All in all, Jim and I (and Mark, who showed up about half-way through the video collection) enjoyed watching Sex Education Films. We’re still not sure why they’re available on Amazon Prime, but maybe it has something to do with the appalling lack of any sex education in many schools nationwide. So, if you live in one of those districts that teaches “abstinence-only” sex education or no sex education at all, and you want to give your pimply, clumsy, self-centered, and emotional teenage children the same uncomfortable, vaguely misogynistic sex education that your parents received, Sex Education Films is for you. 

Monday, January 22, 2018

I Kind of Want to Eat Tide Pods

When I first heard people were eating Tide pods, I thought it was a joke. I had seen the eating Tide pods meme on Reddit, and I thought I understood the joke, which is that they look delicious.

A few weeks later, when one of my Facebook friends posted a status lamenting the younger generation’s eating of Tide pods, I assumed it was one of those things like rainbow parties or poisoned Halloween candy – i.e., not something that ever actually happens, but that people freak out about anyway.

But no, it turns out kids are actually eating Tide pods. It’s called the Tide pod challenge, and knowing about it adds a whole new layer of humor to the meme.

The thing is, I can kind of understand why someone would want to eat a Tide pod. They tell you to keep them away from kids for a reason. Tide pods are small, round, plump, squishy, shiny, brightly colored, and slightly sticky; everything about them calls to my scavenger instincts and harkens back to the colorful sweets of my childhood, and that, according to neuroanthropologist John S. Allen, is exactly why they look so scrumptious. I mean, just look at this little guy and tell me you’re not at least a little bit tempted to eat him:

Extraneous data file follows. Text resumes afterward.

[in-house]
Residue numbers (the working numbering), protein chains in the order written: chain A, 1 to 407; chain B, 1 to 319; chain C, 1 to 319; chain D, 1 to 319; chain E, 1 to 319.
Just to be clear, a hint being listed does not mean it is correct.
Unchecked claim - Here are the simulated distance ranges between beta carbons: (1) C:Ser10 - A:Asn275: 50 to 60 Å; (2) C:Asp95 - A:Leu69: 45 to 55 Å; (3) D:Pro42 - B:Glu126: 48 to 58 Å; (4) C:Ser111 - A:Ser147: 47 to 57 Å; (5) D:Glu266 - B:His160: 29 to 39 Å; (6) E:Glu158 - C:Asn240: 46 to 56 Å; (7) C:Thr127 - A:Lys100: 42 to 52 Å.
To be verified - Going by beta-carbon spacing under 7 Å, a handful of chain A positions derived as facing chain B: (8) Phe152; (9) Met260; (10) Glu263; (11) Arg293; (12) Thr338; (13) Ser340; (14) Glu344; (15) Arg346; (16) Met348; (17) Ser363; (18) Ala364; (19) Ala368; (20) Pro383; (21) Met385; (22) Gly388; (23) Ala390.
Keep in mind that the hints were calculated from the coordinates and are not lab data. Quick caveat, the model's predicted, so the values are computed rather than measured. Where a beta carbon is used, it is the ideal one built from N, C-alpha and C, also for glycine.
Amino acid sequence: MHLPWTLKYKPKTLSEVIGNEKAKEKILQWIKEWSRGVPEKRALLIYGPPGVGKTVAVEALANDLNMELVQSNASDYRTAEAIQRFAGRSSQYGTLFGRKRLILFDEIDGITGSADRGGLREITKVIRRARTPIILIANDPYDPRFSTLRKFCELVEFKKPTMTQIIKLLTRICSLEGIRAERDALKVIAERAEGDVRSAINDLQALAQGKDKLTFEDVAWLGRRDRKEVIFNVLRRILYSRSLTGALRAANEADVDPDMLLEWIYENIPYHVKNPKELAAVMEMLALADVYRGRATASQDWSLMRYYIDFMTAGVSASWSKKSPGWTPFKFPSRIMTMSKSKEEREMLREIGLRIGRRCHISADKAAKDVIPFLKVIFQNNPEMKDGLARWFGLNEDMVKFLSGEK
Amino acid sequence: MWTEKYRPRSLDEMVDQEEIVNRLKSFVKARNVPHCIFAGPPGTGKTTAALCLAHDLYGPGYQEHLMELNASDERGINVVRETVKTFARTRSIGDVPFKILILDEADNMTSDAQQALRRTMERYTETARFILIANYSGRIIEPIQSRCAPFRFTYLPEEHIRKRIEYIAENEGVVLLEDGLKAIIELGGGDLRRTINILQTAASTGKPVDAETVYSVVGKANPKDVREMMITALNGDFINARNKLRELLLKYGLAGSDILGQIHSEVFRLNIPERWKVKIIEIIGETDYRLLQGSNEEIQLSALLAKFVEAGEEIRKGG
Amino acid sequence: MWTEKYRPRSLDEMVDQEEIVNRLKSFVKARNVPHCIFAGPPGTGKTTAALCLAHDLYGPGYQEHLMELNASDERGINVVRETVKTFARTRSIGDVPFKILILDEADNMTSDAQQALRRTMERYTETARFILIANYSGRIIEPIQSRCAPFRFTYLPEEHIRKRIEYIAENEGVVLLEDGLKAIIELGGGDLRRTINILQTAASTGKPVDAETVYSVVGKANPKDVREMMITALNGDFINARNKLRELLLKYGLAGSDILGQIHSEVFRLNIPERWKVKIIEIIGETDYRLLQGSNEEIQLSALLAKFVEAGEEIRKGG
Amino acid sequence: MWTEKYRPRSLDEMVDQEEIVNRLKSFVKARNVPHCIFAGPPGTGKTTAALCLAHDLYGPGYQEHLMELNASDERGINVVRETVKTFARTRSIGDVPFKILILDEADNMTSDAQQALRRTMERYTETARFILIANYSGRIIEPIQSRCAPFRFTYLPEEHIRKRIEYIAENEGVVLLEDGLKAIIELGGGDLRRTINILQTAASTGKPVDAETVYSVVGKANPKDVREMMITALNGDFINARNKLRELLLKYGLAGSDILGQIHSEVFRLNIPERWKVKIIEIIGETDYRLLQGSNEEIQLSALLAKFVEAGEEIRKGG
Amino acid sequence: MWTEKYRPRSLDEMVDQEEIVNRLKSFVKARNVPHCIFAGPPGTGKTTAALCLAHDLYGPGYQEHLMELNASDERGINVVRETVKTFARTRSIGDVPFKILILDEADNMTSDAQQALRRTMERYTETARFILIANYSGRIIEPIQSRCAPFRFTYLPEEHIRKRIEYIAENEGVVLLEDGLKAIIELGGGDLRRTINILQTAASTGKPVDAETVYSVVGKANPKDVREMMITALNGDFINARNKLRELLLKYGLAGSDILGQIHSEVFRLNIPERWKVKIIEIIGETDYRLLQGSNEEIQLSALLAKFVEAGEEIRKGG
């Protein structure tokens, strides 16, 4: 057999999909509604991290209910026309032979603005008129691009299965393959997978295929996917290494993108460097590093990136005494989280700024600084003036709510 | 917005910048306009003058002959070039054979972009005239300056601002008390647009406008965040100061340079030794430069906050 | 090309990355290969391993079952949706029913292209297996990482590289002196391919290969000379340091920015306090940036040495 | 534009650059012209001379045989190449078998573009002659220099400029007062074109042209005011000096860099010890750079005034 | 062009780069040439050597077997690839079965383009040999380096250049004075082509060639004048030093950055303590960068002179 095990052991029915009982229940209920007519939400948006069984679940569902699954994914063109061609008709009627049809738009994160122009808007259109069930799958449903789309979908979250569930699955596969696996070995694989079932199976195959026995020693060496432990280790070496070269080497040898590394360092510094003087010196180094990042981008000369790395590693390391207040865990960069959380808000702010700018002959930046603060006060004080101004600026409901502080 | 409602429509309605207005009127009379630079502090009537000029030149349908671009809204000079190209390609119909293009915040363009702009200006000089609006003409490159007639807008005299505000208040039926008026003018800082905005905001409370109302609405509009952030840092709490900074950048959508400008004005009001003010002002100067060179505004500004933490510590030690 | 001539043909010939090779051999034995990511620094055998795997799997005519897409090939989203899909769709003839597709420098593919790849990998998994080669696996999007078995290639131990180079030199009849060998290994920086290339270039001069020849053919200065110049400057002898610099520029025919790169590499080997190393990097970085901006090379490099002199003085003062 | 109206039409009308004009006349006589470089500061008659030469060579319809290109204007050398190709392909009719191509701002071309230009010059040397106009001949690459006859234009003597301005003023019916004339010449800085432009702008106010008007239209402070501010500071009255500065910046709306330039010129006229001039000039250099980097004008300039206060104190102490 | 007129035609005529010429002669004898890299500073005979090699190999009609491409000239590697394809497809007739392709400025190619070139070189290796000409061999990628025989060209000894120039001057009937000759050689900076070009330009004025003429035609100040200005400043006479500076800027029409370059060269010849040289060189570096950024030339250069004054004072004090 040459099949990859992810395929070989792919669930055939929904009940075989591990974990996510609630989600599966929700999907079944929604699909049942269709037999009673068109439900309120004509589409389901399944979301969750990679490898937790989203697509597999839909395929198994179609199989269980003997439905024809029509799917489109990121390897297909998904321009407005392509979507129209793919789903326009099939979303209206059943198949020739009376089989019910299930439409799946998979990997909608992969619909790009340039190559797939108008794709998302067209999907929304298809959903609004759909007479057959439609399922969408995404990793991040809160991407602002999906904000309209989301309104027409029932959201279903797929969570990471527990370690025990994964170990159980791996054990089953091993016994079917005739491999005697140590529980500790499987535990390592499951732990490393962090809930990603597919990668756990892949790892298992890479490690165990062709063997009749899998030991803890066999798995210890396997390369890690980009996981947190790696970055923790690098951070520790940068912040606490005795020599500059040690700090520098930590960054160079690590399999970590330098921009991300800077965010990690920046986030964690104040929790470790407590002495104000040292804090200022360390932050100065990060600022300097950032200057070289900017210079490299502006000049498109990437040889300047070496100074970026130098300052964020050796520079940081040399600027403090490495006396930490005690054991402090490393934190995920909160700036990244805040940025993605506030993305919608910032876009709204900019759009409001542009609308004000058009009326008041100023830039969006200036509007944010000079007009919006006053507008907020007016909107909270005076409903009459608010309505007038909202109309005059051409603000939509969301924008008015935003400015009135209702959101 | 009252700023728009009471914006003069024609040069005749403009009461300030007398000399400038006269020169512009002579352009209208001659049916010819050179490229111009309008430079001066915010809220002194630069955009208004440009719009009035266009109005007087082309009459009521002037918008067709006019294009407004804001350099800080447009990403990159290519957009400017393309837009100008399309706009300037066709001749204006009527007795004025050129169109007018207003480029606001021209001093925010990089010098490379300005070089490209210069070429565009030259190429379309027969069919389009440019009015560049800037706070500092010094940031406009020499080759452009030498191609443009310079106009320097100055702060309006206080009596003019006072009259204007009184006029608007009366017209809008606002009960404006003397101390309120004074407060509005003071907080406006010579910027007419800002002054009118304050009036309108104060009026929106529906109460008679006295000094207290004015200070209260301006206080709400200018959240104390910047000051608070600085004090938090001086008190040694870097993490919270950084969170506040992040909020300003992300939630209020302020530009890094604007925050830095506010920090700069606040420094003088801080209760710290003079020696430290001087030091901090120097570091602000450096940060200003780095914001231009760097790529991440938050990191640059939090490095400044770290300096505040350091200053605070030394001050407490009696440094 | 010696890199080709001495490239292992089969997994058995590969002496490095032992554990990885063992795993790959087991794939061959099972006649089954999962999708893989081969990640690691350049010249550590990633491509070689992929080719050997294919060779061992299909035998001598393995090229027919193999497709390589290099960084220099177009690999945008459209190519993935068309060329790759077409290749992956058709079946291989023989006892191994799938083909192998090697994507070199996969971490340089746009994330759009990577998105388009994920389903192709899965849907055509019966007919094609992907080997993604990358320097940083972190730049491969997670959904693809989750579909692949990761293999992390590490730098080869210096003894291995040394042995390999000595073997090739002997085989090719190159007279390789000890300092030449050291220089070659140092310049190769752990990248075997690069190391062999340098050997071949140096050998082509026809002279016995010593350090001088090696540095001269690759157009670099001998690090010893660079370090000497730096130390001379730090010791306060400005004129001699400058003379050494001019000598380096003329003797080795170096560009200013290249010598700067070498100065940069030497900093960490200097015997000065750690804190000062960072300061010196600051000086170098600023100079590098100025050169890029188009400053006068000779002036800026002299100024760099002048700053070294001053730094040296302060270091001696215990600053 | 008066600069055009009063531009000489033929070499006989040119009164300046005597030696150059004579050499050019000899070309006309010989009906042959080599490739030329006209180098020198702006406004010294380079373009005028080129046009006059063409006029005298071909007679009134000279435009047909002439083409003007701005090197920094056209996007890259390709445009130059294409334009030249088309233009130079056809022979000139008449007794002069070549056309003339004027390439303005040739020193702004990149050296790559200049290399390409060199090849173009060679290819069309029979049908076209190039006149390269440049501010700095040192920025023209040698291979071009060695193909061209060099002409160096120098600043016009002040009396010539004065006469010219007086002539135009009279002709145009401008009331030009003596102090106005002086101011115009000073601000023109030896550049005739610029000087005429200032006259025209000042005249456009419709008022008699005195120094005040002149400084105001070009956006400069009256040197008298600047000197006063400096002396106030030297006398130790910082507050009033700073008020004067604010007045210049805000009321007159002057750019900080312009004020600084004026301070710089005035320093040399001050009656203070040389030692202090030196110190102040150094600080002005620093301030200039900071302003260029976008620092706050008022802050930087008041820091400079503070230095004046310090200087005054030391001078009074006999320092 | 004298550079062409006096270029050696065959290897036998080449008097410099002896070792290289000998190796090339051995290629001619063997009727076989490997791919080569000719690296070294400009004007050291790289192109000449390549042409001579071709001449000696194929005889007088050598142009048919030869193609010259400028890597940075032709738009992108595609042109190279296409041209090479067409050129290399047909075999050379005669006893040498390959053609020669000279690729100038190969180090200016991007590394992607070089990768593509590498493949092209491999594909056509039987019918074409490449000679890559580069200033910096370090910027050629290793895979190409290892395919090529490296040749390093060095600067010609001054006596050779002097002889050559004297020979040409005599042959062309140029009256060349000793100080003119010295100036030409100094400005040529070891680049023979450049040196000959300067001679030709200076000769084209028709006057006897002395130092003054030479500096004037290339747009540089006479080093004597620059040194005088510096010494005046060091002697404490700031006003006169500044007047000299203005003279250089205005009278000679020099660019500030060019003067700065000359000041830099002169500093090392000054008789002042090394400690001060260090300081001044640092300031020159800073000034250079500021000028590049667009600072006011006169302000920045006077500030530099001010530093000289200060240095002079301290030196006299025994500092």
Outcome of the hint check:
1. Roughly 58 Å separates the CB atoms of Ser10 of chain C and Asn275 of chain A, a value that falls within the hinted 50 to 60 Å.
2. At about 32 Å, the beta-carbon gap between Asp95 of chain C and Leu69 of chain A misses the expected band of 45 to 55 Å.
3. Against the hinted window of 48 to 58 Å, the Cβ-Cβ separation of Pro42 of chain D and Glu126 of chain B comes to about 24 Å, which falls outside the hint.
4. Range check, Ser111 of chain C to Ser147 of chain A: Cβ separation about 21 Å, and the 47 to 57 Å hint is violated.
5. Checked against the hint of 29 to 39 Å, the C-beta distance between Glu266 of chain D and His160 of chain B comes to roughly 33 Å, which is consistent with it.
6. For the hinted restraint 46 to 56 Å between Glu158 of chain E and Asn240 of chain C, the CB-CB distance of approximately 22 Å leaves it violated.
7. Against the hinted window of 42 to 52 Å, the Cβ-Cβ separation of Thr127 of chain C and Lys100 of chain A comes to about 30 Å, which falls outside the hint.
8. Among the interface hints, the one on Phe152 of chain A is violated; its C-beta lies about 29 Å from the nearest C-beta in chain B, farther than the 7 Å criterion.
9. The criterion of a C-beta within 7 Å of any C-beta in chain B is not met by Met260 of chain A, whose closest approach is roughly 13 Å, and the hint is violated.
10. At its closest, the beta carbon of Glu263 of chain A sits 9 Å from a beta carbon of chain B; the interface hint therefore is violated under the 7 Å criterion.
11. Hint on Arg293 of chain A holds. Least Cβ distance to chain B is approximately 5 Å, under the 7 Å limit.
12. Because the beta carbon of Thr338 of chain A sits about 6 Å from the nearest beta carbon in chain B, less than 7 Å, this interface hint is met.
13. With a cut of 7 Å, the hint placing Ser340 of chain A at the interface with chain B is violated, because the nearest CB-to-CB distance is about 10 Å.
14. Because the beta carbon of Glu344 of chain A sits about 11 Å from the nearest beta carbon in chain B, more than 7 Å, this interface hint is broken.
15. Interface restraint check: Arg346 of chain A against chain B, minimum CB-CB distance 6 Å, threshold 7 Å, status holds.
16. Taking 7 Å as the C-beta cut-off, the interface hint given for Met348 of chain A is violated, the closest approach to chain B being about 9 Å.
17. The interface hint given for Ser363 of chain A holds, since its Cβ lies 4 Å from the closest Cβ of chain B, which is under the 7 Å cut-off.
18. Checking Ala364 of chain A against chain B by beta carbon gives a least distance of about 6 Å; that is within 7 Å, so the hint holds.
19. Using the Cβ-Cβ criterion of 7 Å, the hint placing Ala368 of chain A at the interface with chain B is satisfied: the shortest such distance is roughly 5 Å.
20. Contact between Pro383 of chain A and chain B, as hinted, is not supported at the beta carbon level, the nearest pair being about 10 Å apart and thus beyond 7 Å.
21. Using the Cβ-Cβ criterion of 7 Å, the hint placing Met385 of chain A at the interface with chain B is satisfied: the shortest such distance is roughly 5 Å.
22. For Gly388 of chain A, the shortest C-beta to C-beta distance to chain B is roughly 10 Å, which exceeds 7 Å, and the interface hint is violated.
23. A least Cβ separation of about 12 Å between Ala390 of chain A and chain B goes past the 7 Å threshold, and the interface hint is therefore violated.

Image by Soulbust from Wikimedia Commons.

Apparently, the Tide pod challenge involves filming yourself biting into a Tide pod. I thought, it’s only soap, it can’t be THAT bad for you, can it?

It can. The super-concentrated ingredients in Tide pods will burn your stomach lining if you swallow the pod or its contents. There’s probably not enough poison in one Tide pod to kill an adult, and you’ll probably only need to spend one night in the hospital if you eat one, unless you aspirate some of the detergent into your lungs, in which case you’re probably going to die.

Plus, there’s the taste. I’ve never tasted laundry detergent, but I can’t imagine it tastes nice. Actually, I can. That’s the problem.